Session will be short, full, worth watchingWith a pucker from special interests, a shuffling of papers and the pound of a wooden gavel, lawmakers get back at it today in St. Paul. And while not nearly as intriguing as taking in the Olympics or even as fun as watching the snow melt (and it
With a pucker from special interests, a shuffling of papers and the pound of a wooden gavel, lawmakers get back at it today in St. Paul. And while not nearly as intriguing as taking in the Olympics or even as fun as watching the snow melt (and it
really does do that — and will, trust us), Minnesotans have good reasons to keep a close watch on the 2014 Legislature.
Such as …
… Bonding money coming our way
Every other year lawmakers sell bonds for hundreds of millions of dollars of public facilities, whether to build them or repair them. An expected $840 million bonding bill this year could include cash so Spirit Mountain can make snow with water from the St. Louis River rather than from our municipal water supply as well as money to help renovate the historic but distressed NorShor Theatre and Wade Stadium. The Northland’s delegation of lawmakers can fight hard for projects proposed for Duluth and elsewhere in the region.
… A marijuana measure with a good tweak
Iron Range Rep. Carly Melin’s measure to legalize medical marijuana, while well-intentioned, was going to be a hard sell. Other states have taken the step and been left with chaos and criminal activity as weed is sold and resold and smoked not by people with legit medical needs but who were just looking to get high. Law enforcement’s appropriate opposition has included Duluth Police Chief Gordon Ramsay who, in an interview with the News Tribune editorial board, likened the scene outside legal marijuana dispensaries in California and elsewhere to the sidewalks outside Duluth’s Last Place on Earth. No one wants to go back to that.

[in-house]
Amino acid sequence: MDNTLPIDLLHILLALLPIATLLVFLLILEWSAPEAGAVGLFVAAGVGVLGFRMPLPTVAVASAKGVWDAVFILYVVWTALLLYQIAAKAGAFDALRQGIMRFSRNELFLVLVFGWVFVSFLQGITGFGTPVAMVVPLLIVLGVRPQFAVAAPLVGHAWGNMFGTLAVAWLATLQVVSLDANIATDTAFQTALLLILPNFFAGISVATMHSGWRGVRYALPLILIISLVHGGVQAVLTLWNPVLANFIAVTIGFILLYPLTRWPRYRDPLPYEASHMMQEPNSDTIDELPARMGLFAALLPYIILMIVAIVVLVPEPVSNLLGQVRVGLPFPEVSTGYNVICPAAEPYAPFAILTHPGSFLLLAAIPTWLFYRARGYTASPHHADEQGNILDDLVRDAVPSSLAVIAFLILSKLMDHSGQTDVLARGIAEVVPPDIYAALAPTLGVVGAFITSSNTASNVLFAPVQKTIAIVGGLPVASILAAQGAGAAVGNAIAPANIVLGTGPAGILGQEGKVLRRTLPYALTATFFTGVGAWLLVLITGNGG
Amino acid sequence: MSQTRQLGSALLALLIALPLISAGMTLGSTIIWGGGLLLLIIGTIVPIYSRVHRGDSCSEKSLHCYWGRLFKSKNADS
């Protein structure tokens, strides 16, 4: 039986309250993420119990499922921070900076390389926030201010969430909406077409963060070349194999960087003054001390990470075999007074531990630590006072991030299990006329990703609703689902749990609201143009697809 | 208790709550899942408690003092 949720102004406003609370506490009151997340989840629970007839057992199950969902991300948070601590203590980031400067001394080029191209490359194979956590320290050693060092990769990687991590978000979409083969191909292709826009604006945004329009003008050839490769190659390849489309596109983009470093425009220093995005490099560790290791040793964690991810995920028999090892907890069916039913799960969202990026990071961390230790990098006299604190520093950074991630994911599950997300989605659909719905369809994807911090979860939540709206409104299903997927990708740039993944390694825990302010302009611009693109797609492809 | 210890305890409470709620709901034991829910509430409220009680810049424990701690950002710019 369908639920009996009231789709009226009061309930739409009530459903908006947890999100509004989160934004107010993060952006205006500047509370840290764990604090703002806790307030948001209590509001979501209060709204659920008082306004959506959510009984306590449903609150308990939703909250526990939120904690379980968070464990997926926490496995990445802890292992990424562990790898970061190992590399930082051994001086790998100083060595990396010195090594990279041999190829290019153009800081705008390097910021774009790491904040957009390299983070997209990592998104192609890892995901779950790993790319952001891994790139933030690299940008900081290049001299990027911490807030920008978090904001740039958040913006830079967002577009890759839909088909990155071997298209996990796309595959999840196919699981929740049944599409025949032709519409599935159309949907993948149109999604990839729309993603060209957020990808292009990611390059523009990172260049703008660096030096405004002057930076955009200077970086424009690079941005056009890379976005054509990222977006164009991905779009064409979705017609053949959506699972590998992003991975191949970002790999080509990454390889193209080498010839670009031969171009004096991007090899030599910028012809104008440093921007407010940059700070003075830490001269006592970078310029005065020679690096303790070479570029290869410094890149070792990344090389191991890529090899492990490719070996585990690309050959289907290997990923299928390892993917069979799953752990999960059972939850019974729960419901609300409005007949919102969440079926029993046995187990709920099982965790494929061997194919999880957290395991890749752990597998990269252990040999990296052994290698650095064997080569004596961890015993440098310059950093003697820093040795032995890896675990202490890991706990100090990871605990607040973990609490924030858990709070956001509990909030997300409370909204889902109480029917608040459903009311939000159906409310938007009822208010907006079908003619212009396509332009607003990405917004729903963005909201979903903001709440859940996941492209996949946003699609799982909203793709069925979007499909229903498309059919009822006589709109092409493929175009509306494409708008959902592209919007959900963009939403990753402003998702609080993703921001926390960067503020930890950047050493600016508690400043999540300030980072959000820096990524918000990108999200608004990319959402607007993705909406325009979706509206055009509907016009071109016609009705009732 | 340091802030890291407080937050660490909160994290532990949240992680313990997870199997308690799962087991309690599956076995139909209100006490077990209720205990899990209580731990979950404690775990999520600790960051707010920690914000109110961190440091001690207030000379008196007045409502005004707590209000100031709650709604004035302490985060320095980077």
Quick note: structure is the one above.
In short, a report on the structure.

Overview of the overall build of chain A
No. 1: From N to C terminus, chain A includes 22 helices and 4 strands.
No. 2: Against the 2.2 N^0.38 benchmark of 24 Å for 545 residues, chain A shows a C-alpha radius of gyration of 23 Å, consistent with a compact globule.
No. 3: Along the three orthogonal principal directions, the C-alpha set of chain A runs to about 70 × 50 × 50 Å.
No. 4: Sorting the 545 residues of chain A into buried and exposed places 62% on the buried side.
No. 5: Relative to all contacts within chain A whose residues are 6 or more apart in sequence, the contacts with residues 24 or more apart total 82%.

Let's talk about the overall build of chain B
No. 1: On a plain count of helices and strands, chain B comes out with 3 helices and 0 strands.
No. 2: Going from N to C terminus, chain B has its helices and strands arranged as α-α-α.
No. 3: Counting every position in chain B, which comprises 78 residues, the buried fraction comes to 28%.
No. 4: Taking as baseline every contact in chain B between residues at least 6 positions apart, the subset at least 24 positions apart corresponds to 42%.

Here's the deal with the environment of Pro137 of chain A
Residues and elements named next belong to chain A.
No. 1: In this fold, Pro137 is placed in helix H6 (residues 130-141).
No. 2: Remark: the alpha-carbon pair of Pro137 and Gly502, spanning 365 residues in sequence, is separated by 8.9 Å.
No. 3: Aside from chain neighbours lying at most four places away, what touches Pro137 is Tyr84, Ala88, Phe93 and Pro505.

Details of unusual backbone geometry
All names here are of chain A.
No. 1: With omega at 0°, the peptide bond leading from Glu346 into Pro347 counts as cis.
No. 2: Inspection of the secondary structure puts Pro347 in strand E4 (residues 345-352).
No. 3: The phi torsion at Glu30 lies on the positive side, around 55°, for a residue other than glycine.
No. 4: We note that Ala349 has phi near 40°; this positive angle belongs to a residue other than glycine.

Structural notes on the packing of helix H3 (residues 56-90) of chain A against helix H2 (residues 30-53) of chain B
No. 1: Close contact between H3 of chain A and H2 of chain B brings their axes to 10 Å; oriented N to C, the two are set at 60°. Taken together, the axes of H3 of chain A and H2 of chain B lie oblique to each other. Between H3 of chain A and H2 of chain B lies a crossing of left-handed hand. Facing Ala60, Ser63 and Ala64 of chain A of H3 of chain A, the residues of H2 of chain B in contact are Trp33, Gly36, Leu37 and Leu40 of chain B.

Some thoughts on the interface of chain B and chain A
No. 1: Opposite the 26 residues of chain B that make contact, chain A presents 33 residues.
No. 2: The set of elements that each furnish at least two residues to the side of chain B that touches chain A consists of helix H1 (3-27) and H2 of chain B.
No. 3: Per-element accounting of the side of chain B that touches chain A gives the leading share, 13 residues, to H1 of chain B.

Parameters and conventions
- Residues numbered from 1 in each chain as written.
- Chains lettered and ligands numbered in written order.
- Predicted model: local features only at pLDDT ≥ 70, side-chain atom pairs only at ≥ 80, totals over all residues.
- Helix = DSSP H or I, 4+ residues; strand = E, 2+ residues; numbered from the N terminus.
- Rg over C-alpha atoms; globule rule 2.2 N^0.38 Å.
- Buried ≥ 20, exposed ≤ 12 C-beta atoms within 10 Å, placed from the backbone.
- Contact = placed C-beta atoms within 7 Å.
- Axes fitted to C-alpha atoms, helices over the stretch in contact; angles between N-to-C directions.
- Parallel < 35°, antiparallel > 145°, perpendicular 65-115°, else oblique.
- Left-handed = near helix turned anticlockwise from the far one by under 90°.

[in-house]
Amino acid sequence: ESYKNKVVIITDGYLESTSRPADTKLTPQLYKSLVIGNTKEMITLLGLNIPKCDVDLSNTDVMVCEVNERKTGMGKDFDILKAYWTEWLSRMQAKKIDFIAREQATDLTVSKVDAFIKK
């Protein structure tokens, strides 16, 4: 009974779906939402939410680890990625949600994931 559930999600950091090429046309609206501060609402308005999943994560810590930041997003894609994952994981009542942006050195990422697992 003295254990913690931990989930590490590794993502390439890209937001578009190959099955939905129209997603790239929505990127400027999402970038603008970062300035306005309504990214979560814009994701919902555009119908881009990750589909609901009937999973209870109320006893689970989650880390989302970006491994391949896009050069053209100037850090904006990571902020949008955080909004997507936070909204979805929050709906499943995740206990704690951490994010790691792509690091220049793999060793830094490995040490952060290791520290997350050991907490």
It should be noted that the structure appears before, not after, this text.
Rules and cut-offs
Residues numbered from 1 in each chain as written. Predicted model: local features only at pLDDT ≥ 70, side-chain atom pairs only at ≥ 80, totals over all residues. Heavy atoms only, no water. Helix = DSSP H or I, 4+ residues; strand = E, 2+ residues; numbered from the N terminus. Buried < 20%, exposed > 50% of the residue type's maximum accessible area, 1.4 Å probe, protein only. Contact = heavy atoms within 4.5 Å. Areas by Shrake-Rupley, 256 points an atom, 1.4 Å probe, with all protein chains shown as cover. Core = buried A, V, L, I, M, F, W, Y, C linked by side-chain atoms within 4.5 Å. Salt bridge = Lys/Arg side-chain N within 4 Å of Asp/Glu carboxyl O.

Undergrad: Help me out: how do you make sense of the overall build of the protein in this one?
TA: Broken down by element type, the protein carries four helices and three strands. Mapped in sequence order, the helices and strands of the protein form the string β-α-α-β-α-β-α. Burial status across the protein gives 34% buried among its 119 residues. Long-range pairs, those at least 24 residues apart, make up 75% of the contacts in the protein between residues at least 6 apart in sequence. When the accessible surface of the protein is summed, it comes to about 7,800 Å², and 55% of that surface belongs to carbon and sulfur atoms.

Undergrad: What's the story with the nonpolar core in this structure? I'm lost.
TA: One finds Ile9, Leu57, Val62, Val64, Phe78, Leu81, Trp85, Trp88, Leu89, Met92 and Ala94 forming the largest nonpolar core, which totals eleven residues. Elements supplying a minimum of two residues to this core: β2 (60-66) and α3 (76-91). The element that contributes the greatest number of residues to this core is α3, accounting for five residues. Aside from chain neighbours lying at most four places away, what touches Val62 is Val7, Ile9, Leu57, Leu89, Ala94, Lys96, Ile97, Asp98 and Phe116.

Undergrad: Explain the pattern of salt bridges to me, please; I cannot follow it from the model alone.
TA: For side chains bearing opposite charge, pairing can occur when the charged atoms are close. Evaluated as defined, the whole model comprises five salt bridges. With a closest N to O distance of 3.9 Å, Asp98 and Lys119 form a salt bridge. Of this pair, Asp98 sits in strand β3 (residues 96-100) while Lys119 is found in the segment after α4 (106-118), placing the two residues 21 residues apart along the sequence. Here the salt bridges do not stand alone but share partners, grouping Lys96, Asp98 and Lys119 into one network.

But Melin is now working on a much narrower proposal that would allow the beneficial chemicals in marijuana to be dispensed in liquid form or in pills like other medicines. There’d be no weed to smoke.
“If you can come up with a truly medicinal product, one that can be reduced to medication or an inhalant, I think we’re certainly open to that,” Minnesota County Attorneys Association Executive Director John Kingrey told the St. Cloud Times for a story Saturday.
All of Minnesota could be open to that to help those who truly are suffering and who truly need the medicine.
… Business taxes that need to go away
In the rush to wrap up the 2013 legislative session and worried that not enough money had been lined up to cover record spending, DFLers enacted a trio of business-to-business sales taxes. With budget forecasts now making clear the taxes aren’t needed, that there’ll be enough money to pay for the Legislature’s spending without them, the B2B taxes, as they’ve come to be known, can be repealed. And quickly, too, before one of them, a 7.5 percent tax on warehouse space, goes into effect
April 1. Other B2B taxes are on the labor to repair electronic equipment and on telecommunications equipment sales.
… Minimum wage on the rise